Microfluidic technology offers compelling advantages in the separation, manipulation and concentration of biological particles [15]. Utilizing the merits of microfluidics, researchers have explored various methods to isolate EVs based on their physical properties, including microfluidic filtering, deterministic lateral displacement (DLD) sorting, viscoelastic flow sorting, etc. [16]. However, these methods cannot isolate EVs specifically or eliminate contaminants such as protein aggregates efficiently. Some researchers have combined immunoaffinity with microfluidics to isolate EVs. Chen et al. [17] presented a microfluidic method of isolating EVs from serum by modifying certain antibodies on the surfaces of their microchannels, enabling fast and specific EV separation from a small amount of sample. However, the amount of EVs isolated by this method was limited by the area of the microchannel surface, leading to insufficient EV recovery. In addition, devices like ExoChip [18], iMER [19], ExoSearch [20] and Nano-IMEX [21] also utilize the merits of microfluidic platforms and immunoaffinity to isolate EVs, but these methods still suffer from limitations in isolation throughput and recovery efficiency. In order to improve the performance of microfluidic devices, microchannels can be integrated with different forces, such as fluid force, optical force, electromagnetic force and acoustophoretic force, to precisely process complex biological samples on the micro–nano scale. The acoustofluidic technique is based on the integration of microfluidics and acoustophoretic force. Acoustophoretic force, produced by piezoelectric transducer (PZT), is a contactless field force that is proportional to the particle’s biophysical properties. Thus, the acoustofluidic technique has been widely utilized in the separation or manipulation of cells and other nano/microparticles [22,23,24,25,26]. For instance, Cui et al. [25] presented hypersonically induced 3D hydrodynamic tweezers to manipulate micro/nanoscale objects versatilely. Additionally, surface acoustic waves [26] or ultralow frequency acoustic vibration [23] have been used for producing micro-vortices to facilitate nanoparticle manipulation. To overcome the issues with conventional EV-isolating methods, Wu et al. [6] demonstrated an acoustofluidic platform to separate EVs directly from undiluted blood based on their sizes. Their platform includes a cell-removal module and an EV-isolation module, facilitating the removal of larger blood components, initially, followed by the separation of EVs. This approach improves the efficiency of EV isolation. However, limited by wavelength, the acoustic force cannot separate EVs from protein aggregates or other non-exosomal nanoparticles, leading to low purity. Additionally, this method relies on physical separation by surface acoustic waves, which cannot isolate target EVs that are related to specific diseases. Overall, there is an urgent need to develop a system that can directly process biological samples to separate target EVs specifically and recover them efficiently.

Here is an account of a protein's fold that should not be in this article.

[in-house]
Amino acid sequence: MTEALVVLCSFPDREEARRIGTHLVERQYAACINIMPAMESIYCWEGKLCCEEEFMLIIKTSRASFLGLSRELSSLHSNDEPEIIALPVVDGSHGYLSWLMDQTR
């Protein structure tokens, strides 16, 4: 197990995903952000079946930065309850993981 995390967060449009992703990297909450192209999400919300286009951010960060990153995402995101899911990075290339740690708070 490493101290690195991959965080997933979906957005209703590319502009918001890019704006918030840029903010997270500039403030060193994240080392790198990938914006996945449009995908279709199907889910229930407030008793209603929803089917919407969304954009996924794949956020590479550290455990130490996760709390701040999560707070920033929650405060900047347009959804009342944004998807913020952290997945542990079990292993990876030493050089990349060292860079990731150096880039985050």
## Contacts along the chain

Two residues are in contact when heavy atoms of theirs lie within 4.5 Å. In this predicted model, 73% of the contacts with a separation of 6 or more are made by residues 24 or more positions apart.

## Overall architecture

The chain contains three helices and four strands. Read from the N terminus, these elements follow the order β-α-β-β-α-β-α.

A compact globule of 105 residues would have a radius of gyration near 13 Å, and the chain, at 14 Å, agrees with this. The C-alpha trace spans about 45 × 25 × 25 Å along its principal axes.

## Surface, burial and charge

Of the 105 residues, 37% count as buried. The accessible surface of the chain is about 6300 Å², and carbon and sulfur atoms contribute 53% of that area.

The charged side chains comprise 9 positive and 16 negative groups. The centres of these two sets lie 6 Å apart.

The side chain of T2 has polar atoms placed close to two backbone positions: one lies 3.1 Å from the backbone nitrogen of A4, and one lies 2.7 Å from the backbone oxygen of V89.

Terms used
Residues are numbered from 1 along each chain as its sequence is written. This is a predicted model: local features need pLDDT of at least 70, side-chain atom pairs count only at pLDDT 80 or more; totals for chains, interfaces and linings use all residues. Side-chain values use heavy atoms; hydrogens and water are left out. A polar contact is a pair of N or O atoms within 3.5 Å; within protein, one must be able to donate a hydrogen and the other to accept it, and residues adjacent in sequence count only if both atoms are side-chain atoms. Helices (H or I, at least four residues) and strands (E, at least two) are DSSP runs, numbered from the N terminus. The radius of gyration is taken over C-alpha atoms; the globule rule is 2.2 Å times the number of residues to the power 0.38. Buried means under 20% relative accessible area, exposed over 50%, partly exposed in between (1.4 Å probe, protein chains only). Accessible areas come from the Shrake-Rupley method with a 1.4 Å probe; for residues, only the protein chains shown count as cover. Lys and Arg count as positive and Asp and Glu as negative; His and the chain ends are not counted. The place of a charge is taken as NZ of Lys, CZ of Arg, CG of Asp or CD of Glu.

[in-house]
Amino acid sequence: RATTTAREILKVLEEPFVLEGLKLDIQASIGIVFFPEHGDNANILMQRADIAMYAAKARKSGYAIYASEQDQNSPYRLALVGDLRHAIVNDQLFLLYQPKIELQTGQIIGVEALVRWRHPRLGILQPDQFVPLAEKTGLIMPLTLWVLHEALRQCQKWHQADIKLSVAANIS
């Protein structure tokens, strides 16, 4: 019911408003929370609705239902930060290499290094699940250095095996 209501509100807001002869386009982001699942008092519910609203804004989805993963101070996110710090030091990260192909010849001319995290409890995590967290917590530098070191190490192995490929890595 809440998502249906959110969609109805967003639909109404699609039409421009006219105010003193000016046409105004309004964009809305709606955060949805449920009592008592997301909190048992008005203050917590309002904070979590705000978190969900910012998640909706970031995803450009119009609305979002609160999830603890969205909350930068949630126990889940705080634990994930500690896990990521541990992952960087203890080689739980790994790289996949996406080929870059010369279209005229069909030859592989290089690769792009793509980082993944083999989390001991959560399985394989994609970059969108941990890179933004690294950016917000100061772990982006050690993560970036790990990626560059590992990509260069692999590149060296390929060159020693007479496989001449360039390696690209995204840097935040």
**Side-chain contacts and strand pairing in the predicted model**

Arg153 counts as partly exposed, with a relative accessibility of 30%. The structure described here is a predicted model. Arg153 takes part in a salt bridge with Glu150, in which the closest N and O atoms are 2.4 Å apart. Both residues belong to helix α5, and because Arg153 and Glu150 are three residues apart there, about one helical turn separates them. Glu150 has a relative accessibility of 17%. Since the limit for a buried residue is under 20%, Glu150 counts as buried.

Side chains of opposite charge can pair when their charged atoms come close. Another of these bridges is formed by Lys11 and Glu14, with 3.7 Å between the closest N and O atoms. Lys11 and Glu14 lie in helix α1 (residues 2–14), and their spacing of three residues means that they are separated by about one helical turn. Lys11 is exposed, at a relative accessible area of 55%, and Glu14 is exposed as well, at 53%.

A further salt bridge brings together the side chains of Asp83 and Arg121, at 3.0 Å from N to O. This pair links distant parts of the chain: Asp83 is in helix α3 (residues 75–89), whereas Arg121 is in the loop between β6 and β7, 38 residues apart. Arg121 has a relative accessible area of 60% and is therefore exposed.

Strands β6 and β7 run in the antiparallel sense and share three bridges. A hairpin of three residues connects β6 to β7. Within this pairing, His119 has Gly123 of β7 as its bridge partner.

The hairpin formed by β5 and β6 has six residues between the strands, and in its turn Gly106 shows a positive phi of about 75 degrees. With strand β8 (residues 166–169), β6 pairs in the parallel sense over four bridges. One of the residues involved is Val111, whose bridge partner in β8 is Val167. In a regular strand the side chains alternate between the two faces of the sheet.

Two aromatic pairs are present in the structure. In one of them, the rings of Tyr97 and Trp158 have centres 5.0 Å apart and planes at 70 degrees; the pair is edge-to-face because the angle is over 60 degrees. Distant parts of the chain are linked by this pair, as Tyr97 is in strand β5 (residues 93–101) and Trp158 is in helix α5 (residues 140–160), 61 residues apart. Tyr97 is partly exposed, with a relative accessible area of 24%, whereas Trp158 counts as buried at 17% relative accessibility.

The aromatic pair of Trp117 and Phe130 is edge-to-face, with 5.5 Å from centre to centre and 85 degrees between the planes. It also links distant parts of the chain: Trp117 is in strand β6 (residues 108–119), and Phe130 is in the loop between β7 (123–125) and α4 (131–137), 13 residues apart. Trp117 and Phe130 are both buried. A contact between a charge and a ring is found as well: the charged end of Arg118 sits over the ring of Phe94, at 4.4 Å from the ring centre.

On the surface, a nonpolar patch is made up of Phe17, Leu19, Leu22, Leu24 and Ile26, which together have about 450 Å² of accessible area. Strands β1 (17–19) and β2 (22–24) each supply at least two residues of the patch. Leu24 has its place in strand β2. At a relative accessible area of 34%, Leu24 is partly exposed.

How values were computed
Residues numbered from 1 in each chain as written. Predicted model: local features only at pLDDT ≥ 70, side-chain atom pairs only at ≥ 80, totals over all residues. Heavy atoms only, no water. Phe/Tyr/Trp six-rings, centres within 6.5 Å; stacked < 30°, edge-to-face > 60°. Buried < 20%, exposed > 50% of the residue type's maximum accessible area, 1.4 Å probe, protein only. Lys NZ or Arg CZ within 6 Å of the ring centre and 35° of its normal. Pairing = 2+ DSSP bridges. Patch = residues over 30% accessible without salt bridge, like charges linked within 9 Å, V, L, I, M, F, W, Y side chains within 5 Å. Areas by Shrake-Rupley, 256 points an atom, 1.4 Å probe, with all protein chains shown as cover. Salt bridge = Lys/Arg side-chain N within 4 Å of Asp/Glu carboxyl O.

Here, we propose a novel immuno-acoustic sorting technology, where the specific capturing of target EVs by immunoaffinity and the contactless manipulation of captured EVs by the acoustophoretic force are combined to realize the specific separation, washing and recovery of disease-related target EVs. Using immuno-acoustic sorting technology, we successfully separated and purified HER2-positive EVs from cell suspension. This method holds great potential in isolating and purifying specific targets such as disease-related EVs from the whole blood samples of patients by liquid biopsy and opening up a new path for EV-based early diagnosis and prognosis of diseases.

2. Materials and Methods

2.1. Design and Working Principles of the Immuno-Acoustic Sorting Method

In this work, a new method was established to capture target EVs by antibody-coated microparticles and to collect the EV-captured microparticles for further analysis. Immuno-acoustic sorting technology was comprised of an acoustofluidic microchip consisting of two major modules (Figure 1A), the EV-microparticle mixing module and the EV-microparticle conjugate isolation module. The EV-microparticle mixing module was designed to mix the samples with antibody-coated microparticles, allowing target EVs to fully interact with them and be captured. In the EV-microparticle conjugate isolation module, EV-microparticle conjugates were exposed to acoustophoretic force and separated for downstream analysis.

2.1.1. Working Principle of the EV-Microparticle Mixing Module

The schematic of the working principle for EV-microparticle mixing is shown in the left side of Figure 1A. The sample and the antibody-coated microparticles are added to the mixing module simultaneously, followed by mixing in the channel with baffles. After that, the mixture is incubated in a long, serpentine channel for antigen–antibody binding.

2.1.2. Working Principle of the Acoustophoretic Force